April 10th in New York City History
Posted: Apr 9, 2013 | 11:17 PM
1810: Benjamin H. Day the New York Sun's founder born. He died in 1889.
We see the New York Sun's old headquarters on Newspaper Row on Santa Claus tours, aka Santa's NYC Tour, aka Santa the New York City Tour, aka Santa the NYC Tour, as well as NYC architecture tours, Downtown tours, Municipal District tours, and Brooklyn Bridge tours.
The Sun: It Shines for All.
1836: The birth of the sensational American tabloid news story: Richard Robinson, a wealthy 'john' of prostitute Helen Jewett, hacked her to death in her bed after she threatened to tell his fiancee about their trysts. He was charged with murder. Robinson was later acquitted because "No man should hang for the murder of a whore."
1841: The New York Daily Tribune premiered with Horace Greeley as its first editor. In that era, being editor of a New York paper made you a nationally influential figure, sometimes a politician.
1847: Perhaps New York City's most famous Hungarian immigrant, Joseph Pulitzer who published the number one newspaper in the world, The World, which was in the world's tallest building, which helped invent investigative reporting, was born. Joseph Pulitzer led the campaign for immigrants to pay for the construction of the 'Statue of Liberty' in New York Harbor, including commissioning the famous poem, "The New Colossus," by Emma Lazarus: "I lift my lamp beside the golden door!"
We pay tribute to Joseph Pulitzer on Statue of Liberty tours, and on New York Harbor tours. We see Newspaper Row on Santa Claus tours, aka Santa's NYC Tour, aka Santa the New York City Tour, aka Santa the NYC Tour, as well as Downtown tours, architecture tours, and World Trade Center tours.
1866: The ASPCA was incorporated to save New York City's work horses from being beaten to death in the streets, and to save all animals from cruelty. New York State chartered the organization to enforce the state's pioneering humane laws.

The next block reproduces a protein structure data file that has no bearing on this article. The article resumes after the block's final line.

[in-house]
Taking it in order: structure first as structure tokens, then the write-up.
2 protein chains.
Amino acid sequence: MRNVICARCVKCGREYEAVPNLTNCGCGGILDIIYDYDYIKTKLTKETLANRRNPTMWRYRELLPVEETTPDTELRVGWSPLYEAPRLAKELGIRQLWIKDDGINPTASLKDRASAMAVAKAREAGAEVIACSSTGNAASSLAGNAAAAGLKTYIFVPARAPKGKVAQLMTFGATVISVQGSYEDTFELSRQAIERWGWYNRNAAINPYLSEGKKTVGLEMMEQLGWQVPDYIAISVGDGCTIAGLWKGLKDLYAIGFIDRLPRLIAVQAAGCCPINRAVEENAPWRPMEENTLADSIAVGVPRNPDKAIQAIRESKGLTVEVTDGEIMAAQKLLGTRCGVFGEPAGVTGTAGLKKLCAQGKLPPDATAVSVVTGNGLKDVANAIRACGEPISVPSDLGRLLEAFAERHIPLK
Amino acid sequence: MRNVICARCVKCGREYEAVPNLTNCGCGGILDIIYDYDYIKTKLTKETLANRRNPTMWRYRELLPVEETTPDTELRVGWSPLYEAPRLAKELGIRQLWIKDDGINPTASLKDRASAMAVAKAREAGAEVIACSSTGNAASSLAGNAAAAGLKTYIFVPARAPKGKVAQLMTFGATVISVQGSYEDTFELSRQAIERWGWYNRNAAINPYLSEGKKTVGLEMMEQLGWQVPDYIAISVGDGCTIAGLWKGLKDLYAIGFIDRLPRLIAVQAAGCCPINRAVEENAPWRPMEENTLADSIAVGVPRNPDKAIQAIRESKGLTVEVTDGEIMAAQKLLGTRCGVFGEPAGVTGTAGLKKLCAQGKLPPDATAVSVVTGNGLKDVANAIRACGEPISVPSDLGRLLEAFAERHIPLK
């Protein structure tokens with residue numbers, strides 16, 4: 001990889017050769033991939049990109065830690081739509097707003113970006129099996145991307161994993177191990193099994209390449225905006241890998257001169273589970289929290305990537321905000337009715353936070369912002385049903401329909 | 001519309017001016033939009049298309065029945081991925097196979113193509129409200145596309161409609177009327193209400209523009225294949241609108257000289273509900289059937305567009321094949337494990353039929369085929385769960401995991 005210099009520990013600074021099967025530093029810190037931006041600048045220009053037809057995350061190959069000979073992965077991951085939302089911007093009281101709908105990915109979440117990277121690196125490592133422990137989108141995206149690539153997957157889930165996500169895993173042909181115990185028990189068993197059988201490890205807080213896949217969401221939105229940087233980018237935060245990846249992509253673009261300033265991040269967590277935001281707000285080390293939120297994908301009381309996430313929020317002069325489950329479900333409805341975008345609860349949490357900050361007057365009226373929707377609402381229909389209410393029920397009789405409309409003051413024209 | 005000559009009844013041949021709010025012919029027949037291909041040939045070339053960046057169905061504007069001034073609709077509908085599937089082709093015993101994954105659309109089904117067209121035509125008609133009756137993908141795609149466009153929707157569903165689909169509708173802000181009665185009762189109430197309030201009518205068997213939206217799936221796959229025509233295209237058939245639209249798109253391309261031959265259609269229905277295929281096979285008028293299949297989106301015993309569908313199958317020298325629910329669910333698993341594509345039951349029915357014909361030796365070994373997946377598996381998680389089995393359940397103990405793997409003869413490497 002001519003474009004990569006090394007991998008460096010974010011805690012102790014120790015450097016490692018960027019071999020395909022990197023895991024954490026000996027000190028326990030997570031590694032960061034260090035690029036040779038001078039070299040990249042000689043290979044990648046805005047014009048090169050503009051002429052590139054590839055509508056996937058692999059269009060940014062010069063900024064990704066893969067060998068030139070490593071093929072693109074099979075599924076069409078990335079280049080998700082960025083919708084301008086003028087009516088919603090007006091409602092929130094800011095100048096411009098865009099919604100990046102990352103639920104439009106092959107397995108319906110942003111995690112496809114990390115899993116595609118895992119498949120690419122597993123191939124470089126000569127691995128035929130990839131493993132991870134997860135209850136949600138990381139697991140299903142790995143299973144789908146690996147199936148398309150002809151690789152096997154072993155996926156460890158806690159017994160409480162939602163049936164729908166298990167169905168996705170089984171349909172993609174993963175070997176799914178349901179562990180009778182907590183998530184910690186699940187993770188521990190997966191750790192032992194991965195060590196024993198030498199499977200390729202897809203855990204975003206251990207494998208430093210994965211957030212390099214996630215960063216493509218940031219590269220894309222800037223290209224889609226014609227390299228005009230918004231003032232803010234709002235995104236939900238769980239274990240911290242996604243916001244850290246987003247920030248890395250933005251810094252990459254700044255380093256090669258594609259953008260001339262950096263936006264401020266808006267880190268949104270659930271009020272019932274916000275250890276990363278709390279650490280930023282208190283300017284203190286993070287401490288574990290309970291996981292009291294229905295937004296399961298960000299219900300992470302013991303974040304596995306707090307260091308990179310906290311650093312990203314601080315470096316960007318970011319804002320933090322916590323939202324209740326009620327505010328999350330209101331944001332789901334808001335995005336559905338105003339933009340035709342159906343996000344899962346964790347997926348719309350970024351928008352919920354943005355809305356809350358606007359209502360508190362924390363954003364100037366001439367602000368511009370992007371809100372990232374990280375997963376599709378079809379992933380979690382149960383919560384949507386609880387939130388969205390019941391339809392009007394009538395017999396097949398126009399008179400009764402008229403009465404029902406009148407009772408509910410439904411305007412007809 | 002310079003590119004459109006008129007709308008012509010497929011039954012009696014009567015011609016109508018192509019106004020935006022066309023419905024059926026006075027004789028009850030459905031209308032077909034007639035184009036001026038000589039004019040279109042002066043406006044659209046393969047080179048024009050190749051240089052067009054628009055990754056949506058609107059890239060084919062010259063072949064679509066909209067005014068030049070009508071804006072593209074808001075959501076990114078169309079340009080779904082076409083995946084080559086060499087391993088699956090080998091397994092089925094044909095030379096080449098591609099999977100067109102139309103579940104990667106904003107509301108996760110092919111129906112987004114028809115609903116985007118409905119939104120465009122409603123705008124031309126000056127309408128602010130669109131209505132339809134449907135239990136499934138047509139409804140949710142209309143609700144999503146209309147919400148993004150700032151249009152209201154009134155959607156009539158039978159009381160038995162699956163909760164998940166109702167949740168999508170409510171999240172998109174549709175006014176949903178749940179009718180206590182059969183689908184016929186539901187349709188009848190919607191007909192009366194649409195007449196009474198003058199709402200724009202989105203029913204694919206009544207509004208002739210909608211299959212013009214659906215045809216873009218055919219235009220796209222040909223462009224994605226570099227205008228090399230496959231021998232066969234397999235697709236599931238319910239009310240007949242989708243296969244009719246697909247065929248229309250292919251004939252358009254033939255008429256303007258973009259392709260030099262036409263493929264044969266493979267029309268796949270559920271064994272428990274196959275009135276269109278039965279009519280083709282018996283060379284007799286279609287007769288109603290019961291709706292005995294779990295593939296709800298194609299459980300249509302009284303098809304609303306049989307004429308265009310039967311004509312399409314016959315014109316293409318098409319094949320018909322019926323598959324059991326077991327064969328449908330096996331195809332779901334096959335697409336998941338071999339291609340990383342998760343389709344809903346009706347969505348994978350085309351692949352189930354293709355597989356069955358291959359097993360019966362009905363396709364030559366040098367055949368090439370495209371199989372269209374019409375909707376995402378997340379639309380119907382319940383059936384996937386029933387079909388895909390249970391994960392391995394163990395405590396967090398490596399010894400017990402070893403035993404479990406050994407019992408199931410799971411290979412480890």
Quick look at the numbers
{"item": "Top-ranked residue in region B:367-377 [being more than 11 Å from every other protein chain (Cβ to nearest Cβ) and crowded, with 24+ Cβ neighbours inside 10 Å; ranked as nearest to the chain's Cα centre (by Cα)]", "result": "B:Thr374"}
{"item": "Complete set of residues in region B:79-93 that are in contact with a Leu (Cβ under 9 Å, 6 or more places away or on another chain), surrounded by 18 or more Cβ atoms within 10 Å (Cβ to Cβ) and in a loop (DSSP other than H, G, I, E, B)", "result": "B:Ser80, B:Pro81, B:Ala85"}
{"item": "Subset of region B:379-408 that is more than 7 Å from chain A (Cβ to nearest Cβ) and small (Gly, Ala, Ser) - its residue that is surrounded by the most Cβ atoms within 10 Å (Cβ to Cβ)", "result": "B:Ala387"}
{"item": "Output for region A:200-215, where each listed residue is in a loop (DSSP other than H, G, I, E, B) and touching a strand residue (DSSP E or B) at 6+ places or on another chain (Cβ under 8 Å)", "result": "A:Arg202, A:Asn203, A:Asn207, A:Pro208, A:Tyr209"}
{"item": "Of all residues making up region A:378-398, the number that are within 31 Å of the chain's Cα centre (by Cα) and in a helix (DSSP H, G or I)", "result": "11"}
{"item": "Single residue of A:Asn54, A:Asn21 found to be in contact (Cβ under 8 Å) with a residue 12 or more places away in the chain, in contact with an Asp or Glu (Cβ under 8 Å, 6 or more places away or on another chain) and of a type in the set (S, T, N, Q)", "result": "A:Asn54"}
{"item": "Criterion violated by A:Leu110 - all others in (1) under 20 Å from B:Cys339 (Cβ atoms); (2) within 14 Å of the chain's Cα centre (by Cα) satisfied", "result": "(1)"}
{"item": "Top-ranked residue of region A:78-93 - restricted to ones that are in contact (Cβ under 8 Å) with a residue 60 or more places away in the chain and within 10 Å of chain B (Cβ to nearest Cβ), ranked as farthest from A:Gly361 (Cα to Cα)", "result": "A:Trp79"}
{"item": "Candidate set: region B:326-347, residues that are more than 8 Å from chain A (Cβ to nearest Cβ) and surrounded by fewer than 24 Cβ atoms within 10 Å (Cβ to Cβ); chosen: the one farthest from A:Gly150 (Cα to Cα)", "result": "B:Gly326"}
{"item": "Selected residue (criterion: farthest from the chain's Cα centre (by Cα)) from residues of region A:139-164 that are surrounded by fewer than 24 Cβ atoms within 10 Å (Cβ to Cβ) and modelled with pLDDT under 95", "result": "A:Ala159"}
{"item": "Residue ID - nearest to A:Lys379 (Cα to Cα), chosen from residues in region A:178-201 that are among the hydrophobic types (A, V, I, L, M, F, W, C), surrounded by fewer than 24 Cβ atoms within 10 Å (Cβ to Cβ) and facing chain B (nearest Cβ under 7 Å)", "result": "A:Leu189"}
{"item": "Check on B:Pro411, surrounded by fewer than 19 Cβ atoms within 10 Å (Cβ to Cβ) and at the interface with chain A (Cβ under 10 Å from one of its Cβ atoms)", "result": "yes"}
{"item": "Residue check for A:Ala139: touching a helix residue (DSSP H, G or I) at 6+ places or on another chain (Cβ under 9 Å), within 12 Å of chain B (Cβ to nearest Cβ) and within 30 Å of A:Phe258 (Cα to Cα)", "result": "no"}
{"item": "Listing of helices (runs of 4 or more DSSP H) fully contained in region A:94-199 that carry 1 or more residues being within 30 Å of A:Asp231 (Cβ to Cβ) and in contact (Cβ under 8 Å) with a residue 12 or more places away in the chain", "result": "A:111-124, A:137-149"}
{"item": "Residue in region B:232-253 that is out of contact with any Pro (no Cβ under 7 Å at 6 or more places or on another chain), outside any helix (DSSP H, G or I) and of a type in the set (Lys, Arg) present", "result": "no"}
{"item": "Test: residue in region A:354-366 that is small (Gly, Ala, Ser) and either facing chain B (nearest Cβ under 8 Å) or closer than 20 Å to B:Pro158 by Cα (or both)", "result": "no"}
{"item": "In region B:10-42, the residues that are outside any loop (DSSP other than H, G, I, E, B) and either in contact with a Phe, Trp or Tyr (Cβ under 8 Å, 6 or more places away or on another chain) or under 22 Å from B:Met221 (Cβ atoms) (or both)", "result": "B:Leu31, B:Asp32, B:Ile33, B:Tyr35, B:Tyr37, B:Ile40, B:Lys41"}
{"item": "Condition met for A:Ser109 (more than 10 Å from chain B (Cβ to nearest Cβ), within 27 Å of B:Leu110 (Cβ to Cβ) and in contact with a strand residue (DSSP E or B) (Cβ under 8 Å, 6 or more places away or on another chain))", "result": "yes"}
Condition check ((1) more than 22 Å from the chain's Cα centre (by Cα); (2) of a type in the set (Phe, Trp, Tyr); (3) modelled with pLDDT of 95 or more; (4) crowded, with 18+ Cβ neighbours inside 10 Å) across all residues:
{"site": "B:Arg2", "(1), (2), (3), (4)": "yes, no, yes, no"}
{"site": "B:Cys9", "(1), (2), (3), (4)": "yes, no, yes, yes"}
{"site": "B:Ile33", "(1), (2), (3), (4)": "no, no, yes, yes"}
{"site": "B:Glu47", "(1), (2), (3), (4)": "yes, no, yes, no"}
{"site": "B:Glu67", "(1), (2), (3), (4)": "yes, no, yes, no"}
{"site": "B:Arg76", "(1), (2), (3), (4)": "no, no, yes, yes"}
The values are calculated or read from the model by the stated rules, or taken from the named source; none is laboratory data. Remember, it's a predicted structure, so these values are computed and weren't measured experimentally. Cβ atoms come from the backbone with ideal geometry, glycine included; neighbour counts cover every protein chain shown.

We see the ASPCA horse fountains on Central Park tours. We see the ASPCA Fountain on Upper West Side tours and Riverside Park tours.
1880: Frances Perkins, the first woman cabinet member (1933-45) as the Secretary of Labor, started her career in the wake of the Triangle Manufacturing Disaster of 1911. She said the New Deal Reforms that she introduced and emplaced were born twenty years earlier from the blood on the streets outside the factory. She died in 1965.
We see the Triangle Shirtwaist Manufacturing Company on Greenwich Village tours, NYU tours aka New York University Tours, East Village Tours, Immigration tours, and Lower East Side tours.
See also March 4th.
See also December 30th.
See also March 25th 1911.
1913: The Titanic embarked on its journey from Southampton UK to France, then Ireland on its way to New York City. Five days later it will sink, killing hundreds of passengers.
We see the Pier at which the Titanic was supposed to dock on Highline tours, M.S.O. tours a,ka Manhattan Step On tours, aka Manhattan Sites Orientation tours.
We see the Lighthouse that was supposed to greet the Titanic on Seaport tours aka South Street Seaport tours.
1925: F. Scott Fitzgerald's "The Great Gatsby" was published.
We see where Fitzgerald and Hemingway's publisher was on Midtown tours, Fifth Avenue tours, Rockefeller Center tours, MSO tours, Manhattan Step-on Guide tours, and Manhattan sights orientation tours.
1947: Brooklyn Dodgers Manager
Branch Rickey signed Jackie Robinson to play in Major League Baseball, integrating the white league with a talented, pleasant, but tough player.
I wonder about those crackers who threw insults and garbage at him. Do they remember doing it? Do they feel regret? Pride? How do they feel about baseball today? Did they switch to other sports? Have they learned anything?
1960: Rapper Afrika Bambaataa born in the Bronx.